Dureza said the unilateral ceasefire will last “for as long as necessary to bring peace in the land” and also to provide an enabling environment for the success of the August 22 to 26 peace talks in Oslo.
The CPP/NPA’s “unilateral declaration of interim ceasefire” takes effect on August 28 and will remain valid during the peace negotiations “until superseded by a ceasefire agreement to be issued jointly” by the GPH and NDF within the next 60 days or “until a notice of termination of this ceasefire declaration takes effect 10 days after receipt of said notice” by the GPH panel from the NDF panel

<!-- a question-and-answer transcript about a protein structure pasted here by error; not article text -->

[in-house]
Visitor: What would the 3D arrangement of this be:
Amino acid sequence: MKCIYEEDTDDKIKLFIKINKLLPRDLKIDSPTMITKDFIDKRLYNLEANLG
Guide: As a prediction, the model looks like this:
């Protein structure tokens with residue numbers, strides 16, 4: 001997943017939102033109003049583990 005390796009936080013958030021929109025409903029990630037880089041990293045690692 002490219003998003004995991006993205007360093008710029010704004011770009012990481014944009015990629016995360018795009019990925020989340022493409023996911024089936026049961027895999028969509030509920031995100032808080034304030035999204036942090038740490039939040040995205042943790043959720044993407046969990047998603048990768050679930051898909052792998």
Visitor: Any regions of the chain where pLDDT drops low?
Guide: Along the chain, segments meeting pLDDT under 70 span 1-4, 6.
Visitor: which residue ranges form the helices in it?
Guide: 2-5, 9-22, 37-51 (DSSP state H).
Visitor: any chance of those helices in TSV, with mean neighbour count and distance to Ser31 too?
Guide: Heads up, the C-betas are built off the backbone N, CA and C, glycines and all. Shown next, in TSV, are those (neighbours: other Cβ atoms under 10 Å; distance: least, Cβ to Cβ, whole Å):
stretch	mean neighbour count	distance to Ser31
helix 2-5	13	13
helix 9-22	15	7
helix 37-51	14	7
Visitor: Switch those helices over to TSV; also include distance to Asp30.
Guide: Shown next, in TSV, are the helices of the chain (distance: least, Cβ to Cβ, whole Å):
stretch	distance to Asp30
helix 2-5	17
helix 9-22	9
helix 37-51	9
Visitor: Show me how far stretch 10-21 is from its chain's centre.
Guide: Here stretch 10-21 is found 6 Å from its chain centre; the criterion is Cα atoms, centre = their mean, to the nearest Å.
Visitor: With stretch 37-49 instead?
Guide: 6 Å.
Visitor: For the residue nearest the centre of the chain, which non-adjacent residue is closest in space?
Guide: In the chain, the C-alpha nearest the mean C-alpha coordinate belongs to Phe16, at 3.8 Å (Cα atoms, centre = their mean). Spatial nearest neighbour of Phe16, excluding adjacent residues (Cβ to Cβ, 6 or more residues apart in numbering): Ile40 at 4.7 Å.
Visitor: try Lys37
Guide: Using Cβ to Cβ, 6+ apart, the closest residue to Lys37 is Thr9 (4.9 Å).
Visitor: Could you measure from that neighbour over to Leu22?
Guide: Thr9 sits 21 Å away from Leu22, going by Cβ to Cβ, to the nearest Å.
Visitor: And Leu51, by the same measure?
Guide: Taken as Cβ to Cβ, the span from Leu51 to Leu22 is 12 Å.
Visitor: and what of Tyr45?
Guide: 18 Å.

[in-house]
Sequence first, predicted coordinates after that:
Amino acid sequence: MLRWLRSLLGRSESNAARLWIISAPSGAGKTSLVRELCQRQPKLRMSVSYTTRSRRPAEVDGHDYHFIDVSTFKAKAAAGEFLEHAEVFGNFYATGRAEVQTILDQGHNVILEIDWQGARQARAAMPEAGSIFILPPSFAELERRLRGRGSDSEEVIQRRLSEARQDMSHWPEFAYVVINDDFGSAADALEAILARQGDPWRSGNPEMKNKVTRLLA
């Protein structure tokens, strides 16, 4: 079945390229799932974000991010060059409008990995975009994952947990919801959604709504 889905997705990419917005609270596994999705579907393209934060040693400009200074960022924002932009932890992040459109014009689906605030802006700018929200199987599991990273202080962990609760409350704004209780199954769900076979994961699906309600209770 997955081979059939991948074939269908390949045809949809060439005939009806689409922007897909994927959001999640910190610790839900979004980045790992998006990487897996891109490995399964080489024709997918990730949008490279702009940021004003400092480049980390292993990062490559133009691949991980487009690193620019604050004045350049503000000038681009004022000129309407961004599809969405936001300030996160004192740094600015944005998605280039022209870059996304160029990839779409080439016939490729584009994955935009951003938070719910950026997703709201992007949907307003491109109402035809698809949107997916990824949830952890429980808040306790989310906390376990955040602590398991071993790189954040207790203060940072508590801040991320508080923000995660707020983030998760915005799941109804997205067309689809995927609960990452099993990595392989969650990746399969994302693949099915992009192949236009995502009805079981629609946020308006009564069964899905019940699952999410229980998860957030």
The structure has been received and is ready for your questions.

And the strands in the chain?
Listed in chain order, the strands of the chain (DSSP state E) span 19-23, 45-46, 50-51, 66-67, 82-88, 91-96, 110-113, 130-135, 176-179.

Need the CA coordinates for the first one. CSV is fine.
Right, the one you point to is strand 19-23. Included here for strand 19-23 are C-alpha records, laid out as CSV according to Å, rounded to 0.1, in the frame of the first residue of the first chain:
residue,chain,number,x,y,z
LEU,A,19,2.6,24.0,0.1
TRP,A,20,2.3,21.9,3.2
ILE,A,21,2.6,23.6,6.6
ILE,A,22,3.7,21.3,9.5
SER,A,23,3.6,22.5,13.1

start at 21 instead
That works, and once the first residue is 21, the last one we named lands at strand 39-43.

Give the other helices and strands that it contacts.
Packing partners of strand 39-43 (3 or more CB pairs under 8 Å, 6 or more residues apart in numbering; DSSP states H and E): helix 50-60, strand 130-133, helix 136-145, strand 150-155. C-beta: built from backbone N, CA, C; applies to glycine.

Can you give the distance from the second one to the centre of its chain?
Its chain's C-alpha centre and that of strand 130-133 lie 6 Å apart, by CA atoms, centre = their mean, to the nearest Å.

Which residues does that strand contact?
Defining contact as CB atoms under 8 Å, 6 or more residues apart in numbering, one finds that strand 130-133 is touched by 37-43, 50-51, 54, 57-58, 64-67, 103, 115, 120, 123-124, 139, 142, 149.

The August 26 Joint Statement tasked the ceasefire committees of the GPH and NDF peace panels to “reconcile and develop their separate unilateral ceasefire orders into a single unified bilateral agreement within 60 days” from August 26.
The prospective bilateral ceasefire will be the second since 1986. The 60-day ceasefire that starte don December 10, 1986 was not renewed in February 1987.
The CPP/NPA’s August 28 Declaration said they are “encouraged by the positive outcome” of the first round of talks in Oslo and look forward to “vibrant talks” in the next months on the social and economic reforms (SER), political and constitutional reforms (PCR), and end of hostilities and disposition of forces (EHDF).
The ceasefire declaration, it said, is further encouraged by the prospective release of all political prisoners and remaining detained consultants of the NDF through the issuance of an Amnesty Proclamation.
The parties had earlier agreed that the Amnesty Proclamation is subject to the concurrence of Congress.